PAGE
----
Professor  |  Vice-Chair, Basic & Clinical Sciences

Krista Lanctot

Geriatric Psychiatry
Sunnybrook Health Sciences Centre
2075 Bayview Ave, FG08, Toronto, Ontario Canada M4N 3M5
Appointment Status

Dr. Krista L. Lanctôt is a clinical pharmacologist, having received her PhD from the Department of Pharmacology, University of Toronto in 1998, with additional training in pharmacoepidemiology. She is currently a Senior Scientist in the Hurvitz Brain Sciences Research Program at Sunnybrook Health Sciences Centre, and Head of Neuropsychopharmacology Research. Dr. Lanctôt holds the Bernick Chair of Geriatric Psychopharmacology. She is a Full Professor in the Departments of Psychiatry and Pharmacology, University of Toronto, Toronto, Ontario, Canada.

Dr. Lanctôt is an active researcher in clinical pharmacology and has published over 350 manuscripts. Since coming to Sunnybrook over 25 years ago, her research has focused on neurocognitive disorders including Alzheimer’s disease and vascular cognitive impairment, with a specific interest in neuropsychiatric symptoms such as apathy and agitation. Her research seeks and tests novel interventions and optimizes the treatment of these disorders using biomarkers to inform personalized interventions. She also teaches at undergraduate and graduate levels through her appointment at the University of Toronto. In October 2019 she joined the Department of Psychiatry's Executive Committee in the role of Vice Chair, Clinical and Basic Sciences.



Neuropsychopharmacology research group

U of T profile - pharmacology and toxicology

Toronto Rehab - Research


Other Links See current publications list at PubMed.


Research Synopsis

Neuropsychiatric symptoms associated with illness include mood changes, apathy, aggression and cognitive changes. These are common sequelae of many central nervous system disorders such as dementia, traumatic brain injury, cerebrovascular disease and stroke. Dr. Lanctôt’s goal is to optimize the psychopharmacological management of these neuropsychiatric symptoms.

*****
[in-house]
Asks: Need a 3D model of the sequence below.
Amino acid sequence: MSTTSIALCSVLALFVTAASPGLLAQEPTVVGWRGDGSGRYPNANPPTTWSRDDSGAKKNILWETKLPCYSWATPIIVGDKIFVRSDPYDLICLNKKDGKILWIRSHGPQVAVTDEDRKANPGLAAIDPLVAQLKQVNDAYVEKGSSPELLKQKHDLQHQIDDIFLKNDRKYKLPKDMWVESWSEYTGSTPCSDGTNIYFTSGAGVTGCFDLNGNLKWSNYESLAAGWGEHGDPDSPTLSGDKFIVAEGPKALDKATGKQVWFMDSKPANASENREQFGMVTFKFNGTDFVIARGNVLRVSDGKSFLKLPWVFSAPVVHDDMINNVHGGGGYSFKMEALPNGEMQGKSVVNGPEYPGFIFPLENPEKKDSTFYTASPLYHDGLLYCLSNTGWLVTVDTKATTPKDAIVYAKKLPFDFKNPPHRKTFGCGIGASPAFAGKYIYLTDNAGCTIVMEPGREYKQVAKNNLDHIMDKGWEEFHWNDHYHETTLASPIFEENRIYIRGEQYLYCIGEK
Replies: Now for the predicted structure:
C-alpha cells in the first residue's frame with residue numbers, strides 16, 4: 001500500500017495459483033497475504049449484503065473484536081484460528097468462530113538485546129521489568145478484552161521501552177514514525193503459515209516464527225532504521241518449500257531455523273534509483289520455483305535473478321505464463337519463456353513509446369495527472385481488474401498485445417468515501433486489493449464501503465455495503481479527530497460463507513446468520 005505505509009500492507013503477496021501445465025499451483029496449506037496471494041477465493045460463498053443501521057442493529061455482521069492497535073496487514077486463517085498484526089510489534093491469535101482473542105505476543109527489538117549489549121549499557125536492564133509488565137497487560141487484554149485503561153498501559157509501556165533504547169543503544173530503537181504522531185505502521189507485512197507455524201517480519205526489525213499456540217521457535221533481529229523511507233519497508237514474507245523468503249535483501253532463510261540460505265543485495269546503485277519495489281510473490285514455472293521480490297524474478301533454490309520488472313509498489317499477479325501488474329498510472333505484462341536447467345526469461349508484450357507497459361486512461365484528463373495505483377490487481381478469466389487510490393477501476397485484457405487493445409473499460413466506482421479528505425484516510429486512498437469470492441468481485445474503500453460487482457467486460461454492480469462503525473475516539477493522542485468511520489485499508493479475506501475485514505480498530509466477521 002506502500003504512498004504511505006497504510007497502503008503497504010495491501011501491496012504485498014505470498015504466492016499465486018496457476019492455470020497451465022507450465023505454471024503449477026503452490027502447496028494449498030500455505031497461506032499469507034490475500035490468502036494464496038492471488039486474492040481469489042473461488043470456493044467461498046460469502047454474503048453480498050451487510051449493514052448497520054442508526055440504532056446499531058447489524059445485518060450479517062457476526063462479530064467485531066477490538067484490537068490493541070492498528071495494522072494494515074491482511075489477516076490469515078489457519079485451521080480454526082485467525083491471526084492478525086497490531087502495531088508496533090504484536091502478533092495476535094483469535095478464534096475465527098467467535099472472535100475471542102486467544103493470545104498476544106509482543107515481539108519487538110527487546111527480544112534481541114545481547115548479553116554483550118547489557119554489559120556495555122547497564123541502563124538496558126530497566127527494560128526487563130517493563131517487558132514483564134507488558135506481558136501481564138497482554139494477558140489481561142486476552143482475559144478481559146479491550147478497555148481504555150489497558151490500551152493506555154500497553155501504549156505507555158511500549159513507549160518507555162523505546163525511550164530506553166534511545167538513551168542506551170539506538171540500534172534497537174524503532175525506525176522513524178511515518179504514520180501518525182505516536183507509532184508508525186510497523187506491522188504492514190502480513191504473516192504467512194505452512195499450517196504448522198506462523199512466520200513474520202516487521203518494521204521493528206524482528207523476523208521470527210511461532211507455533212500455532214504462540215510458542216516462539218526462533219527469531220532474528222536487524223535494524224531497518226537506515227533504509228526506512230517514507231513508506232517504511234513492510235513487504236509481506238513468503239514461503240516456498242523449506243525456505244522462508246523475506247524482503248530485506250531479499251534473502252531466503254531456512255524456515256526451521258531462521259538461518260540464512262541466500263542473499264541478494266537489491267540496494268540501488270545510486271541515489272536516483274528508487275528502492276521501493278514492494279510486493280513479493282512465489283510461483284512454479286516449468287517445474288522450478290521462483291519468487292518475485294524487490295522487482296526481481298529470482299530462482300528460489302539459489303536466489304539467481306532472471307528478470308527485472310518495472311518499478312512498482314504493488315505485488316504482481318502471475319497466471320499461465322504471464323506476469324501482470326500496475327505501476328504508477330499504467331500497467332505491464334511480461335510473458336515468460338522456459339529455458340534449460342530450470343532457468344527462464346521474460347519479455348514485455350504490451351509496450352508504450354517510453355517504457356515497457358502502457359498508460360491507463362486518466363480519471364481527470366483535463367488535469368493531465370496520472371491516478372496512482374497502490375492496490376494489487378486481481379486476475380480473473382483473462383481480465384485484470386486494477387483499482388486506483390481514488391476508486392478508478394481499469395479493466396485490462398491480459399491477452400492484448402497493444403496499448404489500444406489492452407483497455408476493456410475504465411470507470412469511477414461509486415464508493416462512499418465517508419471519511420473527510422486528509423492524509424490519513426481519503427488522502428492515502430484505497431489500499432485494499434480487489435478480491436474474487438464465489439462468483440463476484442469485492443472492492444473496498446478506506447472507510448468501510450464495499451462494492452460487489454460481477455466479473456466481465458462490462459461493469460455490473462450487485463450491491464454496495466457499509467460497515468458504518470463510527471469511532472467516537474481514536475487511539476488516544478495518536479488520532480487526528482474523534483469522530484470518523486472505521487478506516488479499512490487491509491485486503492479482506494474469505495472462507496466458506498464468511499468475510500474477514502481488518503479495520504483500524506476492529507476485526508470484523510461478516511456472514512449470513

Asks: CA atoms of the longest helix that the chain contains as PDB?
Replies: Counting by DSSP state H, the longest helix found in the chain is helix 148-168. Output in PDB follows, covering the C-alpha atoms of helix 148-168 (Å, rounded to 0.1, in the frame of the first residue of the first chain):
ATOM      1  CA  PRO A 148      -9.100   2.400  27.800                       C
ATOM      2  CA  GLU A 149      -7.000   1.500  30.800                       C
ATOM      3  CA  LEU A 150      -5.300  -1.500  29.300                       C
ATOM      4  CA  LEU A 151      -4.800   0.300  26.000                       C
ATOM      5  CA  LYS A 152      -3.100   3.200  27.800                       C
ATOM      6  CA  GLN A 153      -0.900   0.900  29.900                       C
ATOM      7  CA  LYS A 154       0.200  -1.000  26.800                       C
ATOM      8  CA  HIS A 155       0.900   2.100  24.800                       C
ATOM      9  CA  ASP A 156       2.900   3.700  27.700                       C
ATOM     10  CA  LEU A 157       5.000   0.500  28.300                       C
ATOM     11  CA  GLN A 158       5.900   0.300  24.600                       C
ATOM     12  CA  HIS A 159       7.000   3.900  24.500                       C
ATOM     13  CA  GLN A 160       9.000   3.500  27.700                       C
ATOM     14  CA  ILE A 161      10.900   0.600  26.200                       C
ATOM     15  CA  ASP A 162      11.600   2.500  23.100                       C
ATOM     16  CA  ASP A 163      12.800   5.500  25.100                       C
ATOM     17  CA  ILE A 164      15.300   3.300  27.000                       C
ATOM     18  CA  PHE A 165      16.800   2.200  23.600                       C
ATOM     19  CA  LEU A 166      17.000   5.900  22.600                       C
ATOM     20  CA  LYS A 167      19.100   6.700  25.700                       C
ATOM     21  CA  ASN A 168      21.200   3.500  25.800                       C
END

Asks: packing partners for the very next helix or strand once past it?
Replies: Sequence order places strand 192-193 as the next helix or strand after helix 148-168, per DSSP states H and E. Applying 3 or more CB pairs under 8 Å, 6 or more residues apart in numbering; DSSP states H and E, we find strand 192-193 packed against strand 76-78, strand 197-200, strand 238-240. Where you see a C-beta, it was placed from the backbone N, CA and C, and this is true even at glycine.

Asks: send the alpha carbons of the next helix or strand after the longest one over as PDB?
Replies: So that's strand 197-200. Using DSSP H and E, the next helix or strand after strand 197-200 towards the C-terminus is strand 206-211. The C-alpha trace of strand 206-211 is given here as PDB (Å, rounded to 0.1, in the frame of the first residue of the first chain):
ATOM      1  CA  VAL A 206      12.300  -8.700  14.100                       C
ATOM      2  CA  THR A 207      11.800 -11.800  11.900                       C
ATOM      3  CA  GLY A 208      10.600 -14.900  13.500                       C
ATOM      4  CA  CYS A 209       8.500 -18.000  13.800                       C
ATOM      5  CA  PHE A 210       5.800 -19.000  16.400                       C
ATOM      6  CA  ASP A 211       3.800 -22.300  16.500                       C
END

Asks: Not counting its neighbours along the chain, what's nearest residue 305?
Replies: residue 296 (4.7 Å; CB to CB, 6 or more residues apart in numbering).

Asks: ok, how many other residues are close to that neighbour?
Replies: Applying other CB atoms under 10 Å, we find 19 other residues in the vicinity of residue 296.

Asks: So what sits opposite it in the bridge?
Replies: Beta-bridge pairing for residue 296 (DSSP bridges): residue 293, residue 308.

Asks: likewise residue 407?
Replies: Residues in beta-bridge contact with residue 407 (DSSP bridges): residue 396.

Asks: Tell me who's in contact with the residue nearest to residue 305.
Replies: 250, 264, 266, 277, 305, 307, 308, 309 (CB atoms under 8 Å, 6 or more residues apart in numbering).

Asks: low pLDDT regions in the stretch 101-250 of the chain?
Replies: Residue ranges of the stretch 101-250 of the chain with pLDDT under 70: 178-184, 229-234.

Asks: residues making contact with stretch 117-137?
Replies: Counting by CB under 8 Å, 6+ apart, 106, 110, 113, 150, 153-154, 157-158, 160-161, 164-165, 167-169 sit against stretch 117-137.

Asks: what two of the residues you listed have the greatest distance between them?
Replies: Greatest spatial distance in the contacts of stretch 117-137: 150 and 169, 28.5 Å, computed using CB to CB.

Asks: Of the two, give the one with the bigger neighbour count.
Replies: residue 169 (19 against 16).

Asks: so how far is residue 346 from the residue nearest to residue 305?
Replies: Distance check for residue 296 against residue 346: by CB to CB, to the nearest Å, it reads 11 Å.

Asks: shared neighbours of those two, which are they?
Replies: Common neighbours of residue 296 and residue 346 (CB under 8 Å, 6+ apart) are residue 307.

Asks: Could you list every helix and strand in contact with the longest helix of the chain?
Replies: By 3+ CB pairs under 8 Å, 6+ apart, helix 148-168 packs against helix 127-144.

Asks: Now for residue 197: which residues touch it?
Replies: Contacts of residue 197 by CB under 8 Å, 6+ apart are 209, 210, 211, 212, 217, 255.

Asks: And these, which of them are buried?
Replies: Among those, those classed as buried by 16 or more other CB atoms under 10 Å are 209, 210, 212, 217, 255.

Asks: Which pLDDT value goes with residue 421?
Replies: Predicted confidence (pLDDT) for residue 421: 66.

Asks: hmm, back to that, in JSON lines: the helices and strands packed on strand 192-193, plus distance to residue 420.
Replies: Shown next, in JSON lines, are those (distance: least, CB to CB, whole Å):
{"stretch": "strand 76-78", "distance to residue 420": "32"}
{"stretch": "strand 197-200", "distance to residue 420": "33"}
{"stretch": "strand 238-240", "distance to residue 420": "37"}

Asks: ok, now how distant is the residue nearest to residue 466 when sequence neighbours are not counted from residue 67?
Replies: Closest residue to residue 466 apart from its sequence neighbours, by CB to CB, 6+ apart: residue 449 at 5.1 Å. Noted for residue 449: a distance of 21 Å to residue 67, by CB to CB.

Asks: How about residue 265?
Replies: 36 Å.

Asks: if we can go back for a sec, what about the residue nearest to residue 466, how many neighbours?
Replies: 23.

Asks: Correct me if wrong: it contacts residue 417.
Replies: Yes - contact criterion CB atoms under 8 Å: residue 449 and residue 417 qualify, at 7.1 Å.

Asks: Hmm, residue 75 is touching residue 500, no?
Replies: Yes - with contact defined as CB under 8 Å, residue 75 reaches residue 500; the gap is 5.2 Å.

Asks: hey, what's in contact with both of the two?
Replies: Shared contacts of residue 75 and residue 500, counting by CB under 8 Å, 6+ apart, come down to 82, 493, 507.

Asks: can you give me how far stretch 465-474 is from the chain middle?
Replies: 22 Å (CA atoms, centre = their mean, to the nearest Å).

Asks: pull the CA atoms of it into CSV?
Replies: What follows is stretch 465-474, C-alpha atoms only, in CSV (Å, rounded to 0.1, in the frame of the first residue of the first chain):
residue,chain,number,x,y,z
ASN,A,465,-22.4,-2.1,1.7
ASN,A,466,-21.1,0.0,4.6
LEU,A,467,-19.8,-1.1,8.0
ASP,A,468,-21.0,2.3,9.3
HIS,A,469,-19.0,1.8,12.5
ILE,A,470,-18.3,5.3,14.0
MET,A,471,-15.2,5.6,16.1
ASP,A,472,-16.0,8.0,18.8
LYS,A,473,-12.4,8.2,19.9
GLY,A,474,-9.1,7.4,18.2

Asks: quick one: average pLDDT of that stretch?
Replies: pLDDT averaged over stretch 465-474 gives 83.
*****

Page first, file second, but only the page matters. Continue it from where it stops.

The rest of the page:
Current research addresses this goal by determining underlying neurobiology of neuropsychiatric symptoms, examining predictors of treatment response, using novel pharmacological agents, and carefully considering adverse drug events. Dr. Lanctôt’s early focus was on neurobiology of behavioural disorders associated with dementia. The goal of this research was to determine if behavioural subtypes can be linked to underlying neurochemical or neuropathologic dysfunction. A variety of tools including neuroimaging, biomarkers and pharmacologic challenges are used in combination with pharmacotherapeutic trials. This research will contribute to our understanding of the link between dysfunction in various systems and neuropsychiatric symptoms. As such, it may allow Dr. Lanctôt’s team to predict response to medications based on behavioral subtypes. At a broader level, it can provide the background for novel therapies.